Prince Edward and his wife Sophie are expected to face calls for slavery reparations during their visit to the Caribbean.
The royal couple will visit Saint Lucia, Saint Vincent and the Grenadines, and Antigua and Barbuda between 22 - 28 April to mark 70 years of the Queen’s reign.
The “culture, future and vibrancy of the islands” will be celebrated during the trip, where the Wessexes will meet local communities, entrepreneurs and craftspeople.
But the Antigua and Barbuda Reparations Support Commission is due to present an open letter regarding reparations and restorative justice for the transatlantic slave trade, in which Britain was central, to the couple after they arrive.
The trip comes just weeks after Prince William and his wife Catherine, the duchess of Cambridge, took part in a similar trip that was widely considered a PR disaster for the royal family.
Dorbrene O’Marde, chairman of the government-appointed commission, told a local radio programme: “Essentially, it supports the positions taken by other...people as far as the issue of reparation is concerned - the absence of an apology from the Crown, both as family and as an institution, for their role in the enslavement of African people in the slave trade and in the slavery of African people.”
Saint Lucia’s National Reparations Commission (NRC), also appointed by the government, said “royal expressions of sorrow” regarding slavery are not enough and is demanding a full apology from the crown.
In a statement seen by The Independent, the group suggested that Britain is refusing to make amends for past atrocities because of a lack of desire to be accountable and called upon Caribbean nation leaders to lobby Buckingham Palace for reparations.
“Britain, the royal family and the European nations that built empires from off the backs of enslaved Africans are avoiding making full and formal apologies because they still don’t want to plead guilty despite the United Nations declaring Slavery a Crime Against Humanity in 2001 and because they are simply not committed to atonement and repair,” the statement reads.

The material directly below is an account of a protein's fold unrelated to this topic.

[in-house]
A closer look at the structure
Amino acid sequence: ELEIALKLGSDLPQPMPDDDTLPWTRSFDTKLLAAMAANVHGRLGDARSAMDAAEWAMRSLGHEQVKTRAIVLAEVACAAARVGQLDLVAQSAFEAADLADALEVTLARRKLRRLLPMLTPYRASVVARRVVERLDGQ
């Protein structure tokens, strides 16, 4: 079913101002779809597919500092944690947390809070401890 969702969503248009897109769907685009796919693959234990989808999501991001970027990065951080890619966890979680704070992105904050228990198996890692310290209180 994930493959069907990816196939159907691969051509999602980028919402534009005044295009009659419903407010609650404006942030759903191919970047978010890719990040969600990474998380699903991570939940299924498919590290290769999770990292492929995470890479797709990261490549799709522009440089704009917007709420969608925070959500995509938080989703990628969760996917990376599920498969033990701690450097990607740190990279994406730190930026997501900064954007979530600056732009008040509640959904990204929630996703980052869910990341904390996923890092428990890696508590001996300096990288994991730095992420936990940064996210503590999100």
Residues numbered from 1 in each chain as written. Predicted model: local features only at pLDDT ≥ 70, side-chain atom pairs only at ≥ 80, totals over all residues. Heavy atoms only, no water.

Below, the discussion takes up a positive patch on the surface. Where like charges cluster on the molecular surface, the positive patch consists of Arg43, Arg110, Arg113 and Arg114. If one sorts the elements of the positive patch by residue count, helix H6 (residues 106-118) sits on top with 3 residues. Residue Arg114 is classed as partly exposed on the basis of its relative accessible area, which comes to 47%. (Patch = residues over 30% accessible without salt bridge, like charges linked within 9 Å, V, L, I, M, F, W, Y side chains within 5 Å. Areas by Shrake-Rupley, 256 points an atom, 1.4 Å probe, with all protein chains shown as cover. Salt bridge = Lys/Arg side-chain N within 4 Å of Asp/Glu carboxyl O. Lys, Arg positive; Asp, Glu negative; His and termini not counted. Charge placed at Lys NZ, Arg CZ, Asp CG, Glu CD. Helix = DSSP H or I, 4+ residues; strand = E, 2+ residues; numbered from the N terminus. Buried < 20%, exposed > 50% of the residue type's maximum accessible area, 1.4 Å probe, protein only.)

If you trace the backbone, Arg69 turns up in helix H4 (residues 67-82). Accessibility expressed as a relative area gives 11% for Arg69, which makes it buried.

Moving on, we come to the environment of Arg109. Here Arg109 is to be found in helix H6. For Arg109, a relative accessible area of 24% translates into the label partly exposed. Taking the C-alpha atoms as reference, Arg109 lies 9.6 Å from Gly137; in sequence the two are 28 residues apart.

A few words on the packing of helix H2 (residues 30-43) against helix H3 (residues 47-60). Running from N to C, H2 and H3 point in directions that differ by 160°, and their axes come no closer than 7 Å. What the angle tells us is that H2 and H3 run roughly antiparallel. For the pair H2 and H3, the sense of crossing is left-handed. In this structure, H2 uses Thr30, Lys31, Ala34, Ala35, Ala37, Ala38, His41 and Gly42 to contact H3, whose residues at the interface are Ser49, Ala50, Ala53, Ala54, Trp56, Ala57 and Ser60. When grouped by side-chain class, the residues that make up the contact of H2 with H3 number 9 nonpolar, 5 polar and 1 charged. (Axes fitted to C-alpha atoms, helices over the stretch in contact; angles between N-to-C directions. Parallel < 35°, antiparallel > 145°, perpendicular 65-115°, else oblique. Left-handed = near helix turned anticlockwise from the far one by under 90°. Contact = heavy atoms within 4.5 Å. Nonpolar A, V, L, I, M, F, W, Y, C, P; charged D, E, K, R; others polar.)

“The NRC holds that Caricom leaders must now press Buckingham Palace to lead the way with The Queen making the first apology for the royal family’s role in the transatlantic slave trade and urging the British government to follow suit.”
The visit has further been described by some Saint Lucian citizens as an opportunity for the Wessexes to “hear the reparations message and bring it back to London”.
There are some who are calling for the Queen to be removed as head of state. This republican sentiment is as, the NRC acknowledges, more prevalent within Saint Lucia now than ever before.
The Wessexes’ tour faced problems before it even began, as on Thursday it was announced their planned visit to Grenada was abruptly cancelled following consultation with the nation’s government and governor-general.
The change in itinerary comes days after fresh details emerged regarding Britain’s role in the enslavement of Black people in its former colony.
Research commissioned by the Bank of England in the wake of Black Lives Matter protests has revealed that ownership of two plantations and 599 people in Grenada was transferred to the financial institution in the early 1770s.
In September, newly-elected Prime Minister of Saint Lucia Philip J. Pierre reportedly called for slavery reparations demands to “be treated with the seriousness and urgency it requires”.
Speaking to world leaders at United Nations General Assembly (UNGA), the PM said: “Caribbean countries like ours that were exploited and underdeveloped to finance the development of Europe have put forward a case for Reparations for Slavery and Native Genocide and we expect that case to be treated with the seriousness and urgency it deserves.”
Mr Pierre also condemned “the double standards in the international system” in “acknowledging and compensating victims of crimes against humanity”.
Prime Minister of Antigua and Barbuda, Gaston Browne, wrote to the Master of All Souls College at Oxford University last April, seeking reparations for what now amounts to tens of millions of pounds as a result of the “hard labour” of enslaved people on Antigua and Barbuda.
In a letter sent to the University, the leader stated that a donation to the college from Christopher Codrington III, which established and furnished the College’s its now-renowned library, was largely derived rom the exploitation of enslaved Black people on plantations in Antigua and Barbuda.
Sir John Vickers, the master of All Souls, promptly replied and advised that the college “is investigating academic initiatives in relation to the Codrington legacy”, Caribbean National Weekly reported.
St Vincent and the Grenadines Prime Minister Ralph Gonsalves leaders of Caribbean countries to prioritise raising issue of reparations for indigenous peoples and African slaves with their European counterparts .
He said if those conversations do not yield tangible results, then Caricom leaders must explore all legal and political options available to them for redress.
By the end of the Duke and Duchess of Cambridge’s tour of Jamaica, Belize and the Bahamas last month, both of the former countries indicated intentions to become a republic. This followed numerous protests and calls for reparations.
The Wessexes have reportedly revised their schedule to avoid “PR mistakes” following criticism levied at Prince William and Kate.
The Queen is sovereign of 14 Commonwealth realms including the UK.
Buckingham Palace has been approached for comment.
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